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The laurel is especially consecrated to triumphs, is remarkably ornamental to houses, and guards the portals of our emperors1 and our pontiffs: there suspended alone, it graces the palace, and is ever on guard before the threshold. Cato2 speaks of two varieties of this tree, the Delphic3 and the Cyprian. Pompeius Lenæus has added another, to which he has given the name of "mustax," from the circumstance of its being used for putting under the cake known by the name of "mustaceum."4 He says that this variety has a very large leaf, flaccid, and of a whitish hue; that the Delphic laurel is of one uniform colour, greener than the other, with berries of very large size, and of a red tint approaching to green. He says, too, that it is with this laurel that the victors at Delphi5 are crowned, and warriors who enjoy the honours of a triumph at Rome. The Cyprian laurel, he says, has a short leaf, is of a blackish colour, with an imbricated6 edge, and crisped.

Since his time, however, the varieties have considerably augmented. There is the tinus7 for instance, by some considered as a species of wild laurel, while others, again, regard it as a tree of a separate class; indeed, it does differ from the laurel as to the colour, the berry being of an azure blue. The royal8 laurel, too, has since been added, which has of late begun to be known as the "Augustan:" both the tree, as well as the leaf, are of remarkable size, and the berries have not the usual rough taste. Some say, however, that the royal laurel and the Augustan are not the same tree, and make out the former to be a peculiar kind, with a leaf both longer and broader than that of the Augustan. The same authors, also, make a peculiar species of the bacalia the commonest laurel of all, and the one that bears the greatest number of berries. With them, too, the barren laurel9 is the laurel of the triumphs, and they say that this is the one that is used by warriors when enjoying a triumph—a thing that surprises me very much; unless, indeed, the use of it was first introduced by the late Emperor Augustus, and it is to be considered as the progeny of that laurel, which, as we shall just now have occasion to mention, was sent to him from heaven; it being the smallest of them all, with a crisped10 short leaf; and very rarely to be met with.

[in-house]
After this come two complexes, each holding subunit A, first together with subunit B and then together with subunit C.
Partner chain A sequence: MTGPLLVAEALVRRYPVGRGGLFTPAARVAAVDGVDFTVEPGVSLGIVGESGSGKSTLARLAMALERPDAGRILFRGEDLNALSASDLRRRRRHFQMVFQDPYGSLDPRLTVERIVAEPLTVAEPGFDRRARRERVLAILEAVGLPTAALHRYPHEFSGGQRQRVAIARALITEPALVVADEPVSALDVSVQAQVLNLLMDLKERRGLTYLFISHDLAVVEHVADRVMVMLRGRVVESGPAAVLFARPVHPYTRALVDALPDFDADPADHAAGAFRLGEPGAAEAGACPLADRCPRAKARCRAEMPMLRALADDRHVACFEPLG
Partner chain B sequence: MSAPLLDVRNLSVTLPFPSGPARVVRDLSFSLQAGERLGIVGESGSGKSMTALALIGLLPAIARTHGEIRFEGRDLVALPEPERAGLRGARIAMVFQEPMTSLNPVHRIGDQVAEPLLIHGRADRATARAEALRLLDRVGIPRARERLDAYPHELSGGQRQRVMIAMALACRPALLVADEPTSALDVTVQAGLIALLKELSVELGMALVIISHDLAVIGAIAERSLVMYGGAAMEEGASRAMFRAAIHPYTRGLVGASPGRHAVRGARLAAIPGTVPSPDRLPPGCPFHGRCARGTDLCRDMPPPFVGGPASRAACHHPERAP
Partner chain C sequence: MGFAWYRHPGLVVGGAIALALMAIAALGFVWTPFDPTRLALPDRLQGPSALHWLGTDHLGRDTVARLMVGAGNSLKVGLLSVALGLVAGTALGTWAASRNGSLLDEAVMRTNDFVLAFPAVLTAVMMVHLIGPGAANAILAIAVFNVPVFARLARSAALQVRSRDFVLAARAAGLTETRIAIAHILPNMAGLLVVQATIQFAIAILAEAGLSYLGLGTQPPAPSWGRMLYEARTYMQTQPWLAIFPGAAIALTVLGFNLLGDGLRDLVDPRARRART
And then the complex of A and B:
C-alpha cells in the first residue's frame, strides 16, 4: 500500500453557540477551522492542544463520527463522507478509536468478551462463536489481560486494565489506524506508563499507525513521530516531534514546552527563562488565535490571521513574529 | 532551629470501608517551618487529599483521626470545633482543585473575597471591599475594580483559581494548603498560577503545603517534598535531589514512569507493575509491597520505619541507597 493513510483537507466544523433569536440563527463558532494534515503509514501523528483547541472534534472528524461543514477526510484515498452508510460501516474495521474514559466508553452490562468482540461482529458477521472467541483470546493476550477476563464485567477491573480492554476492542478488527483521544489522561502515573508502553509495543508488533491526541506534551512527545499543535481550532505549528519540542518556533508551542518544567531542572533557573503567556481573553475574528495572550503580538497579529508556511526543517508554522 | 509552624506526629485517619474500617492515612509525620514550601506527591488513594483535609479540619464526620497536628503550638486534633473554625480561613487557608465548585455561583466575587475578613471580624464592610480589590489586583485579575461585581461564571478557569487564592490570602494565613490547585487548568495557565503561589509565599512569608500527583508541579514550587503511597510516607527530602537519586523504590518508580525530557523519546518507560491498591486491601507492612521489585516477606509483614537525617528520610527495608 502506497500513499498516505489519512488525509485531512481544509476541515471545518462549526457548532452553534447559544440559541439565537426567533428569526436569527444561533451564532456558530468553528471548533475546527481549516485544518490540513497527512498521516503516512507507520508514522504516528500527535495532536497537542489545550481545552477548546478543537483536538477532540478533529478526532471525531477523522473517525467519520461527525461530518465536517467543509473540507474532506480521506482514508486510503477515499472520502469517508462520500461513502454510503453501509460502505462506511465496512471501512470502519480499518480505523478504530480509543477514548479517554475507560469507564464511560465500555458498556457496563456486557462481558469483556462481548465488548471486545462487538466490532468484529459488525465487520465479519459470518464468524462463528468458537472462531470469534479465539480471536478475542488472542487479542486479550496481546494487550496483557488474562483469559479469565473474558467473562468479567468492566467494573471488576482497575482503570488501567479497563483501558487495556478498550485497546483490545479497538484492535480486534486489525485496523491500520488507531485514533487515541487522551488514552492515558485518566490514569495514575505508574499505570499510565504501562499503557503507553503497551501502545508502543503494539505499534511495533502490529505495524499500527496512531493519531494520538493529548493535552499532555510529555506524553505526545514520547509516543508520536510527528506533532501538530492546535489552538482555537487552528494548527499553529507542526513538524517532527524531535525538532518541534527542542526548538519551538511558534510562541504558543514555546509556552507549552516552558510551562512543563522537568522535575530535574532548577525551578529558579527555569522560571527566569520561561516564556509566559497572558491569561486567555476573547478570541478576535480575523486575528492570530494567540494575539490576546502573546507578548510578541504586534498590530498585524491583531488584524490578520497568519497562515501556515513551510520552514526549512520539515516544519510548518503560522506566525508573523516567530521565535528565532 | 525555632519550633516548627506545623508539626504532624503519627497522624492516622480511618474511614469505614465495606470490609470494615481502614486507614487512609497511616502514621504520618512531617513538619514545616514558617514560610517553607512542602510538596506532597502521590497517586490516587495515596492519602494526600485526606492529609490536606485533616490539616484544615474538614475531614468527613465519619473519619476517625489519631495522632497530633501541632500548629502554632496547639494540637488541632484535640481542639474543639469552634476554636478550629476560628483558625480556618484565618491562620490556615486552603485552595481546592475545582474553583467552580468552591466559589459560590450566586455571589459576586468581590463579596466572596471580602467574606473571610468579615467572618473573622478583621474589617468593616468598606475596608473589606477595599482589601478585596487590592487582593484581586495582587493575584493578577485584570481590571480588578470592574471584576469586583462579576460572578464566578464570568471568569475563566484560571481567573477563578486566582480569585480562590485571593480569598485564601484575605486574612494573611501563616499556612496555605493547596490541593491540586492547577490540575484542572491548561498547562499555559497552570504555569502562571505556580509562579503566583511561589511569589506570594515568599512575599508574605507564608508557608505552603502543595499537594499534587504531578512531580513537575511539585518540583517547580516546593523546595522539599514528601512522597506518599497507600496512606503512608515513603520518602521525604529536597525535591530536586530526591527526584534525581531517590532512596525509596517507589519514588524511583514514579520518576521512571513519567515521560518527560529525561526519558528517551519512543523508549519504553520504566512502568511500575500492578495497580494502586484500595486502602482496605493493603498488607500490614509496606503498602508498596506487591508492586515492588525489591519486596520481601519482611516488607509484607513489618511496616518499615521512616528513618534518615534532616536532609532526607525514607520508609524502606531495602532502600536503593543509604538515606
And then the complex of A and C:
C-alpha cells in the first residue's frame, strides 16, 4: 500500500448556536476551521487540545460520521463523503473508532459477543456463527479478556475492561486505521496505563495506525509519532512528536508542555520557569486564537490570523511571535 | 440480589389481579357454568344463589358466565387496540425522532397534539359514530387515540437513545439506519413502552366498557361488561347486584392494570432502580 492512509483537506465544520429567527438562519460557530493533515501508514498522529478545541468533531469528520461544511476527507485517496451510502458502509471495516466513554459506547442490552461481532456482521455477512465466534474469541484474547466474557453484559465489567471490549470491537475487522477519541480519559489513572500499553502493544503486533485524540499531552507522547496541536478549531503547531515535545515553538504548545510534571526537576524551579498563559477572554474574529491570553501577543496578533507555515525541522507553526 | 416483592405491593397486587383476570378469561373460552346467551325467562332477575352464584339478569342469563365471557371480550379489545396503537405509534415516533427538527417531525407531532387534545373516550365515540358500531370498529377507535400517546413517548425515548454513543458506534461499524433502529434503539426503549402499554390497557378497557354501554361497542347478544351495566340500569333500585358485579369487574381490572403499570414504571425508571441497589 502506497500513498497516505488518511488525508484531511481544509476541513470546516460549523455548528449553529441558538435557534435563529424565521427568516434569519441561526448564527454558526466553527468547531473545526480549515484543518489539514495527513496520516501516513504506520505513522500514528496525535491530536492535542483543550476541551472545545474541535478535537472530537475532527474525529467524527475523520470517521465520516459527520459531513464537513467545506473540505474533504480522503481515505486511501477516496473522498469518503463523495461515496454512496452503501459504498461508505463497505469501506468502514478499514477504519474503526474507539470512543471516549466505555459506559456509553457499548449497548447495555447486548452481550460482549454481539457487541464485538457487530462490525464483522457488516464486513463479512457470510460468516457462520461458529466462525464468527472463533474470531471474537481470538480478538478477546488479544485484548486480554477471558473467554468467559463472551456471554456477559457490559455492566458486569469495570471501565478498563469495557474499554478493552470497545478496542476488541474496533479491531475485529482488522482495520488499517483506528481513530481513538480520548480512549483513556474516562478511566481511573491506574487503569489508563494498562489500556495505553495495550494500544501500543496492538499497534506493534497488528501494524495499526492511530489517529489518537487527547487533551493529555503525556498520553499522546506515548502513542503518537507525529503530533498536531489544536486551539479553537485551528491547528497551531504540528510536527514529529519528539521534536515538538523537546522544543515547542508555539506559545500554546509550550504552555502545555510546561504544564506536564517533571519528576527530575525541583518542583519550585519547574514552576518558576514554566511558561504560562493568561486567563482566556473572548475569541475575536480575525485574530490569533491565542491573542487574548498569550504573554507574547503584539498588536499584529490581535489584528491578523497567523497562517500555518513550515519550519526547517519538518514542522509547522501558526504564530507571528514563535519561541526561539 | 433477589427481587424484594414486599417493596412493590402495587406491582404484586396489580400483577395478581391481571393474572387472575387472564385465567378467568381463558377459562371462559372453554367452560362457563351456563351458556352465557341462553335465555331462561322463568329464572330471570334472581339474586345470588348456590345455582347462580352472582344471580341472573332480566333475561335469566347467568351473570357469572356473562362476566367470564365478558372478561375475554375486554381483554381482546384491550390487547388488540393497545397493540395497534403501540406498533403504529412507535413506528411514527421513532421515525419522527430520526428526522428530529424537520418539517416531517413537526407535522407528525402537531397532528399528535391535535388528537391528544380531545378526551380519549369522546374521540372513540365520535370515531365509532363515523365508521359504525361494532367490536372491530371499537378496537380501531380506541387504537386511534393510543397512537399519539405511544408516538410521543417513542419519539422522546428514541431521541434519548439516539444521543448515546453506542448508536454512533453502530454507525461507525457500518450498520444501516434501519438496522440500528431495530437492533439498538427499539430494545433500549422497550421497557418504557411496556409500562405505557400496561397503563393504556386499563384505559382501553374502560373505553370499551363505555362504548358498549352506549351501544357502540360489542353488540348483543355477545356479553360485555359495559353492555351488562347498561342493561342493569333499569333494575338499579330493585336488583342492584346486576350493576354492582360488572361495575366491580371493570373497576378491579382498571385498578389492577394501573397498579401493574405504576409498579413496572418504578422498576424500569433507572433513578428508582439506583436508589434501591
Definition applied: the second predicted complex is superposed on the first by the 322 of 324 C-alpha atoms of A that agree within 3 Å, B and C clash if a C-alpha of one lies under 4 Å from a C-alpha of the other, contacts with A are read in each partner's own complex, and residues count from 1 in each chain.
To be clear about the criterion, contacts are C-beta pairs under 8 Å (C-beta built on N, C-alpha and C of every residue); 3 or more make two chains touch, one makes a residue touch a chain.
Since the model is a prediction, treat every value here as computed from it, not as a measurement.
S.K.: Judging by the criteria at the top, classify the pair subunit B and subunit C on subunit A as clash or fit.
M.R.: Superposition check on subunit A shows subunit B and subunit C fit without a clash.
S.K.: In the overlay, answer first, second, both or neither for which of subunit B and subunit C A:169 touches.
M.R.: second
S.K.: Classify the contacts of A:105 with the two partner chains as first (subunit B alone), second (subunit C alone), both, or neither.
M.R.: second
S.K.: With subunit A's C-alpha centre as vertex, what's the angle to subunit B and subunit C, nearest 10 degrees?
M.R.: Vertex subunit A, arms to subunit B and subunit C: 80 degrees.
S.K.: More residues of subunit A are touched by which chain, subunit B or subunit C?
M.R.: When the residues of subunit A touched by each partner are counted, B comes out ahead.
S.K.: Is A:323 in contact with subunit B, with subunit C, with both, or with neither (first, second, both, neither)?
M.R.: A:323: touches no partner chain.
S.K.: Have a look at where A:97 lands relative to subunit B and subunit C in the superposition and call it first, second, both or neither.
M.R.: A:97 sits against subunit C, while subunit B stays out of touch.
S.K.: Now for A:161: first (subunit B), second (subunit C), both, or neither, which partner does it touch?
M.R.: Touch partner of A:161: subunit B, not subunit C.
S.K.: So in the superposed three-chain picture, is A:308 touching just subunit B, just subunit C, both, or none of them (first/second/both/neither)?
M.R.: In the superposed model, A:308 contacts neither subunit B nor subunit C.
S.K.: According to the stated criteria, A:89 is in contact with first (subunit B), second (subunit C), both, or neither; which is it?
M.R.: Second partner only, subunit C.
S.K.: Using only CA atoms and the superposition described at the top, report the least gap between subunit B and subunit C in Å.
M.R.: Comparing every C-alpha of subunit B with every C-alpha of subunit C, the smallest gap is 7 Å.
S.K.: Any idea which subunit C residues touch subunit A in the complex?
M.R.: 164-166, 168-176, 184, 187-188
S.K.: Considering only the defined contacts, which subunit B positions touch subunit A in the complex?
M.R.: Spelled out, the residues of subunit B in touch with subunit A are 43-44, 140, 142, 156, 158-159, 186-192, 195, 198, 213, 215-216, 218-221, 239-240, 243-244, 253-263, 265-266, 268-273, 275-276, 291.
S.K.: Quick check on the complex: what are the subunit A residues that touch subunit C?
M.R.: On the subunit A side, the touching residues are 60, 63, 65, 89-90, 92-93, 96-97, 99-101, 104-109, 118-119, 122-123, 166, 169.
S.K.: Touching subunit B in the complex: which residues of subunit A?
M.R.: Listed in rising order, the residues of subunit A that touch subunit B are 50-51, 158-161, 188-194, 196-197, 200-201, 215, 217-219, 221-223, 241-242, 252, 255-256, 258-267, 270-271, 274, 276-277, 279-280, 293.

In ornamental gardening we also find the taxa11 employed, with a small leaf sprouting from the middle of the leaf, and forming a fringe, as it were, hanging from it; the spadonia,12 too, without this fringe, a tree that thrives remarkably well in the shade: indeed, however dense the shade may be, it will soon cover the spot with its shoots. There is the chamædaphne,13 also, a shrub that grows wild; the Alexandrian14 laurel, by some known as the Idean, by others as the "hypoglottion,"15 by others as the "carpophyllon,"16 and by others, again, as the "hypelates."17 From the root it throws out branches three quarters of a foot in length; it is much used in ornamental gardening, and for making wreaths, and it has a more pointed leaf than that of the myrtle, and superior to it in softness, whiteness, and size: the seed, which lies between the leaves, is red. This last kind grows in great abundance on Mount Ida and in the vicinity of Heraclea in Pontus: it is only found, however, in mountainous districts.